For much of recorded history, humans have paid to be entertained. From Greek amphitheatres, to Roman gladiatorial combat, to middle age jousts, to Disneyland.
Yet up until the late 1970’s, there was no concept of a unified “entertainment industry”. There was Hollywood, Nashville, geeky enthusiasts tinkering with early video games, the coin-op arcade industry, and stodgy book publishers in London. Each of these existed largely in isolation from one another.
Nobel Prize & Turing Award winner Herbert A. Simon, foreshadowed the convergence to the modern entertainment industry as early as 1969 when he wrote:
“When we speak of an information-rich world, we may expect that the wealth of information means a dearth of something else — a scarcity of whatever it is that information consumes. What information consumes is rather obvious: it consumes the attention of its recipients. Hence a wealth of information creates a poverty of attention.”
Today, the best entertainment companies are catching on to the key ramifications of this: that every segment of the industry competes with each other segment.
If one deconstructs what it takes to design successful entertainment Innovation, one of the biggest risk factors is in storytelling. Will there be an audience that wants to hear it?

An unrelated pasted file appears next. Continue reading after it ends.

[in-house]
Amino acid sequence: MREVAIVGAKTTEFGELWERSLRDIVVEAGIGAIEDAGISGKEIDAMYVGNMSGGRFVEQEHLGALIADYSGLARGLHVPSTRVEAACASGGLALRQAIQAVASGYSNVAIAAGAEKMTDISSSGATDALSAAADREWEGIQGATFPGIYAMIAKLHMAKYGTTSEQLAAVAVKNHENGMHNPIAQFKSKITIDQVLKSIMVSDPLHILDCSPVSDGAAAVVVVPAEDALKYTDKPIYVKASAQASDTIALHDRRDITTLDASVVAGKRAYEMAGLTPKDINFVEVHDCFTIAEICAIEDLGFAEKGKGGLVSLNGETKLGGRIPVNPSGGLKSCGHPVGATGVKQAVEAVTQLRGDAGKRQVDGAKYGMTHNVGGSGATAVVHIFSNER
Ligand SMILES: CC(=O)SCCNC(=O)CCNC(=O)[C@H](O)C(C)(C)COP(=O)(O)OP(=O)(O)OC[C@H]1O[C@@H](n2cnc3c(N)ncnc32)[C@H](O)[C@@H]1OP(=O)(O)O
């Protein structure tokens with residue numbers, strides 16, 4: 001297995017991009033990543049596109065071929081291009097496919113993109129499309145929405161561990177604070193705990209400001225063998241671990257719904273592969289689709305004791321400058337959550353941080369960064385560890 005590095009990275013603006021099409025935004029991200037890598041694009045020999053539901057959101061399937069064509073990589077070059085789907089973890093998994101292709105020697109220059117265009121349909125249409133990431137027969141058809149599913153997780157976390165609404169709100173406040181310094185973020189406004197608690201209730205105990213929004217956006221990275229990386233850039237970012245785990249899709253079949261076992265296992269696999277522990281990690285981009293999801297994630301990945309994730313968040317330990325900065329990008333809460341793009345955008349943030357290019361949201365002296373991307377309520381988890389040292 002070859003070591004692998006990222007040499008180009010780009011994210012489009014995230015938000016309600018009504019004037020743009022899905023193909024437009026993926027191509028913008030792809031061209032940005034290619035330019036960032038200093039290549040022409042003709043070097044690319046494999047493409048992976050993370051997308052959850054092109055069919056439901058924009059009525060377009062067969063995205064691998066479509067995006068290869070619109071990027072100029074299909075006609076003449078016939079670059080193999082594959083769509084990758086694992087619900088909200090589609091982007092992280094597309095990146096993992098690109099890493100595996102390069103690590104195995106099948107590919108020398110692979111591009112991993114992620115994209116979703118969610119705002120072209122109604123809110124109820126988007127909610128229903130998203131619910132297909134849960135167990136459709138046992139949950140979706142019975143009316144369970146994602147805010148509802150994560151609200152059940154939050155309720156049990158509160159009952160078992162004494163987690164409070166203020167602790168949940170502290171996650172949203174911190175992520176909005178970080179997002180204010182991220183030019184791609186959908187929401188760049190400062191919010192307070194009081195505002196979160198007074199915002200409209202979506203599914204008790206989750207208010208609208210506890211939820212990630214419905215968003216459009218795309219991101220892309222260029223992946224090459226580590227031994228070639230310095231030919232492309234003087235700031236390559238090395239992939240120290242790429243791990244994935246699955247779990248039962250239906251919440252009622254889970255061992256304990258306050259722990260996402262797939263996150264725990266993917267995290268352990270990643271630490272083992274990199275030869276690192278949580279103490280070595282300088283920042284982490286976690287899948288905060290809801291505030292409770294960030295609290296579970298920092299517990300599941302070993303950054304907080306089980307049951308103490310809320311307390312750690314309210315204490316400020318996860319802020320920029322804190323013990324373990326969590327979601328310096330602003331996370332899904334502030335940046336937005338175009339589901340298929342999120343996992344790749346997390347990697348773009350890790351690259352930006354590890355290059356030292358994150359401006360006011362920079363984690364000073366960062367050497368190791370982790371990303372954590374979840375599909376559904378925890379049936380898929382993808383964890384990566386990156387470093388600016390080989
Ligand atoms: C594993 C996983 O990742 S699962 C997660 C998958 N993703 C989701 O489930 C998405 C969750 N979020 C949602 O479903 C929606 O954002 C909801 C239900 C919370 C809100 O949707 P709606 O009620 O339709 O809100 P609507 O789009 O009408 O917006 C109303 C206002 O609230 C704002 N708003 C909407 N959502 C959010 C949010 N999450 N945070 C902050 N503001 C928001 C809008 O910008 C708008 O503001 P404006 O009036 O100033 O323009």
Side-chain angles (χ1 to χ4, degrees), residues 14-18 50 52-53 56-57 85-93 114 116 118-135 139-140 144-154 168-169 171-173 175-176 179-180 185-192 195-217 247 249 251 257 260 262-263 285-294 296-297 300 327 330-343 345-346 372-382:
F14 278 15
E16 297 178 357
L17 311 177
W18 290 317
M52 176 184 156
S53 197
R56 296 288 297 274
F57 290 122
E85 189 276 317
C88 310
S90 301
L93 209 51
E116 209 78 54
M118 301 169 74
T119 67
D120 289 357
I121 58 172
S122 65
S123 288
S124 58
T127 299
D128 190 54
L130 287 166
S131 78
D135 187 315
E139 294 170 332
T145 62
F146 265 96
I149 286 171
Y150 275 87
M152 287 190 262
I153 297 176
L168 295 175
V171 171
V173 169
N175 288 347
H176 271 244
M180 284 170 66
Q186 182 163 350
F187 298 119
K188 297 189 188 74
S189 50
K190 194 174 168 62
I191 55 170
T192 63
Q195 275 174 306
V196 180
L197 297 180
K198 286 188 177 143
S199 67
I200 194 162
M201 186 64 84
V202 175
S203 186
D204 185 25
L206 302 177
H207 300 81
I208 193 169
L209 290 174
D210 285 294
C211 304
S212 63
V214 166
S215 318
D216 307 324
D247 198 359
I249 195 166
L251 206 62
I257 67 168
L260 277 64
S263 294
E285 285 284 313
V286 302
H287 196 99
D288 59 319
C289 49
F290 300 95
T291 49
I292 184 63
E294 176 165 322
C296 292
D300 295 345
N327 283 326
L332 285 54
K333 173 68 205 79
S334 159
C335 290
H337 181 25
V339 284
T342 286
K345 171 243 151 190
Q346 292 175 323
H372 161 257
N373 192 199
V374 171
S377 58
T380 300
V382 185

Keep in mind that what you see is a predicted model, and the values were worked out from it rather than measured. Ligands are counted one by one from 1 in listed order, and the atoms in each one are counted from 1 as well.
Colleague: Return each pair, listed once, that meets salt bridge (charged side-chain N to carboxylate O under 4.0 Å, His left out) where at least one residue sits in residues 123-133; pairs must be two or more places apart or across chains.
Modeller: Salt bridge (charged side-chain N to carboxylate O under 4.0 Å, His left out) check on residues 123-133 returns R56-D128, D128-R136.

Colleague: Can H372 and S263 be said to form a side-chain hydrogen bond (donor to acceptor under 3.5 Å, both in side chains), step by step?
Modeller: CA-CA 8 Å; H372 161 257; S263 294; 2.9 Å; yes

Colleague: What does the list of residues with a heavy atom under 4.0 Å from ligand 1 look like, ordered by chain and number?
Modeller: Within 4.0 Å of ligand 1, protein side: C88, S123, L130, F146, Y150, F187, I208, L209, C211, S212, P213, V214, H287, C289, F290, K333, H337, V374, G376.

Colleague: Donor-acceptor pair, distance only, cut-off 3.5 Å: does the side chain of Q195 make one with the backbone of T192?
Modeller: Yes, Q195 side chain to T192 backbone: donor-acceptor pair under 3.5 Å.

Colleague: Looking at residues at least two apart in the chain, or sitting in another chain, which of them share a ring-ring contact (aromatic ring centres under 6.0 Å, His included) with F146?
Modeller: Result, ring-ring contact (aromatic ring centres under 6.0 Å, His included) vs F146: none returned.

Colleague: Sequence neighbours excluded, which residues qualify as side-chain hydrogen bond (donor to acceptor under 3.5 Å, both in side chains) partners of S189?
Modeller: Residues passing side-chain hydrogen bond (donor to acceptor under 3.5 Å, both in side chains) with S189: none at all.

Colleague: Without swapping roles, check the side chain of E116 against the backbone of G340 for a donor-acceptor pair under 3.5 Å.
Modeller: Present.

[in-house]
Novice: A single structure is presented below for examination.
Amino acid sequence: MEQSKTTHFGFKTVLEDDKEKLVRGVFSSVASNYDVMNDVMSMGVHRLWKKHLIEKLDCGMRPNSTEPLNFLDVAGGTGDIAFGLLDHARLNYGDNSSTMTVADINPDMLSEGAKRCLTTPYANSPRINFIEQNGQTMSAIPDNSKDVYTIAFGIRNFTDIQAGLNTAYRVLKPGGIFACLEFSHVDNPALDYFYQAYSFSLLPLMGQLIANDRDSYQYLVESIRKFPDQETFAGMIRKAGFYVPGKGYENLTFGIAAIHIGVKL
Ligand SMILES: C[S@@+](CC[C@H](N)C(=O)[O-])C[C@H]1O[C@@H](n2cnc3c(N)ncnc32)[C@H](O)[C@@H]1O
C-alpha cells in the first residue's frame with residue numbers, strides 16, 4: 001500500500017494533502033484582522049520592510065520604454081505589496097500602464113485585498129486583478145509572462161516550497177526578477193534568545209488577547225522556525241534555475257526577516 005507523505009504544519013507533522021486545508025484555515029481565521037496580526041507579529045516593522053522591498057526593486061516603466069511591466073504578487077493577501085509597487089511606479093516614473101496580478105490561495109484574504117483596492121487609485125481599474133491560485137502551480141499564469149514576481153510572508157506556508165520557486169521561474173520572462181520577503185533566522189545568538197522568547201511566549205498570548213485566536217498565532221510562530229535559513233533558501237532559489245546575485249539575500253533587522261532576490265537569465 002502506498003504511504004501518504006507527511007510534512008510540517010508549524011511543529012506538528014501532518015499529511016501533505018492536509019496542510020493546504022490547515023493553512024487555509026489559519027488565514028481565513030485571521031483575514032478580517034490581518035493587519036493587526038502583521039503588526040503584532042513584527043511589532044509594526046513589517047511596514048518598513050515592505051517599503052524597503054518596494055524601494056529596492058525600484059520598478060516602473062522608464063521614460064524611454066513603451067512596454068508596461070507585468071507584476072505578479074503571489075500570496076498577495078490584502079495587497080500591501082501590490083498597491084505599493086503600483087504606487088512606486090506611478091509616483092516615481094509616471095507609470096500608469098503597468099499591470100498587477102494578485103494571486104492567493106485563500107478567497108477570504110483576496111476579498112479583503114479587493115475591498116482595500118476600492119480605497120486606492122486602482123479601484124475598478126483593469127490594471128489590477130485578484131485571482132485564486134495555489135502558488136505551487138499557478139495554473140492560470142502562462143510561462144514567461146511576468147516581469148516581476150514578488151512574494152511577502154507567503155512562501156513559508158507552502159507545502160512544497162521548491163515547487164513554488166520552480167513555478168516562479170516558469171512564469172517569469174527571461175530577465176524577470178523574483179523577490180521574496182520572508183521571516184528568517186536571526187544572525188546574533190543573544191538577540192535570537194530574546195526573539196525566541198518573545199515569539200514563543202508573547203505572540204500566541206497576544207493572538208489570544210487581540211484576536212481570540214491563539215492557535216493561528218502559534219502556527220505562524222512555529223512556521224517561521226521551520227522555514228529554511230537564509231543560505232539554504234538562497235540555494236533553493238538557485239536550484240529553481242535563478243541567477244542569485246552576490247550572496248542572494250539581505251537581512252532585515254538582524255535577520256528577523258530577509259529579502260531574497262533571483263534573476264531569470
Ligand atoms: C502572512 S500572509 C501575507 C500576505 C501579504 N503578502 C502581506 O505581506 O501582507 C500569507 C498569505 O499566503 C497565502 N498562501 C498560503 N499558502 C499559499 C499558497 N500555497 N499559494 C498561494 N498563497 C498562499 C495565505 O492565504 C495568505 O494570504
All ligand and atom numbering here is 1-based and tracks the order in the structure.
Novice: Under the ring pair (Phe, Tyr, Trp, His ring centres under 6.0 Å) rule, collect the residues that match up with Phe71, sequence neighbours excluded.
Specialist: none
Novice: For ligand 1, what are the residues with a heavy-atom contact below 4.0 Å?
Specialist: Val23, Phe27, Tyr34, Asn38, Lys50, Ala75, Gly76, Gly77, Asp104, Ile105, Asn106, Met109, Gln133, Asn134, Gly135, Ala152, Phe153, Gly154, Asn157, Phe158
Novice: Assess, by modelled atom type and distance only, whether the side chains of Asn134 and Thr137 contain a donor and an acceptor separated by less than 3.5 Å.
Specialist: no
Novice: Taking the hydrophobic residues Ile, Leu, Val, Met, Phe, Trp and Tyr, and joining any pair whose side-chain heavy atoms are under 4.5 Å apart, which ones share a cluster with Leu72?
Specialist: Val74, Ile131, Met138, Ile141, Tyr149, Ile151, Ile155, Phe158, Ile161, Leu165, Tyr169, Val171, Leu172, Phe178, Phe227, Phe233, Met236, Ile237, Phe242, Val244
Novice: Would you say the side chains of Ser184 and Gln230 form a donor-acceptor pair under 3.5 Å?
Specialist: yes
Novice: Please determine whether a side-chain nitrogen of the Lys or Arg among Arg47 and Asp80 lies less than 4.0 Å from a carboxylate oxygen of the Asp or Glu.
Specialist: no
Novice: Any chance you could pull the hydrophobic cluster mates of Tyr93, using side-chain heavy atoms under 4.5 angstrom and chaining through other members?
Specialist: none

Companies like Disney de-risk storytelling by viewing intellectual property (IP) as a standalone “thing” that can be manifested across many creative segments, from film to theme parks, to video games. With exceptional technical and execution abilities across different mediums, once an IP proves to resonate in one channel, it can then be delivered across many others.
Some channels are there to grab attention, at low profit margins, while other channels allow that attention to be monetised.
A clear example of this in action is today’s music industry. The margins artists make from OTT streaming services and recorded music are thin. But the attention garnered, and fan bases built over many years, are monetised through live performance and merchandise licensing.
It may surprise some that the top-earning music artists of 2018 included Metallica, Guns n’ Roses, Roger Waters and Billy Joel. But it shouldn’t be such, if understood from the context that music isn’t a single-channel industry, measured by the Spotify charts.
Henry Jenkins III, formerly Professor of New Media Studies at MIT, takes this multi-channel thinking further with his concepts of transmedia storytelling & participatory culture. He argues that the best entertainment innovation has a kind of shared authorship between the storytellers and the listeners.
Unfortunately, too many great IP’s in 2019 still exist in the siloed industry thinking of the 1970’s, and at best have a merchandise licensing strategy added as an afterthought by the “bean counters”, rather than by the creators.
To learn more about how multi-channel design innovation can change how you think about your intellectual property, please contact us for a chat.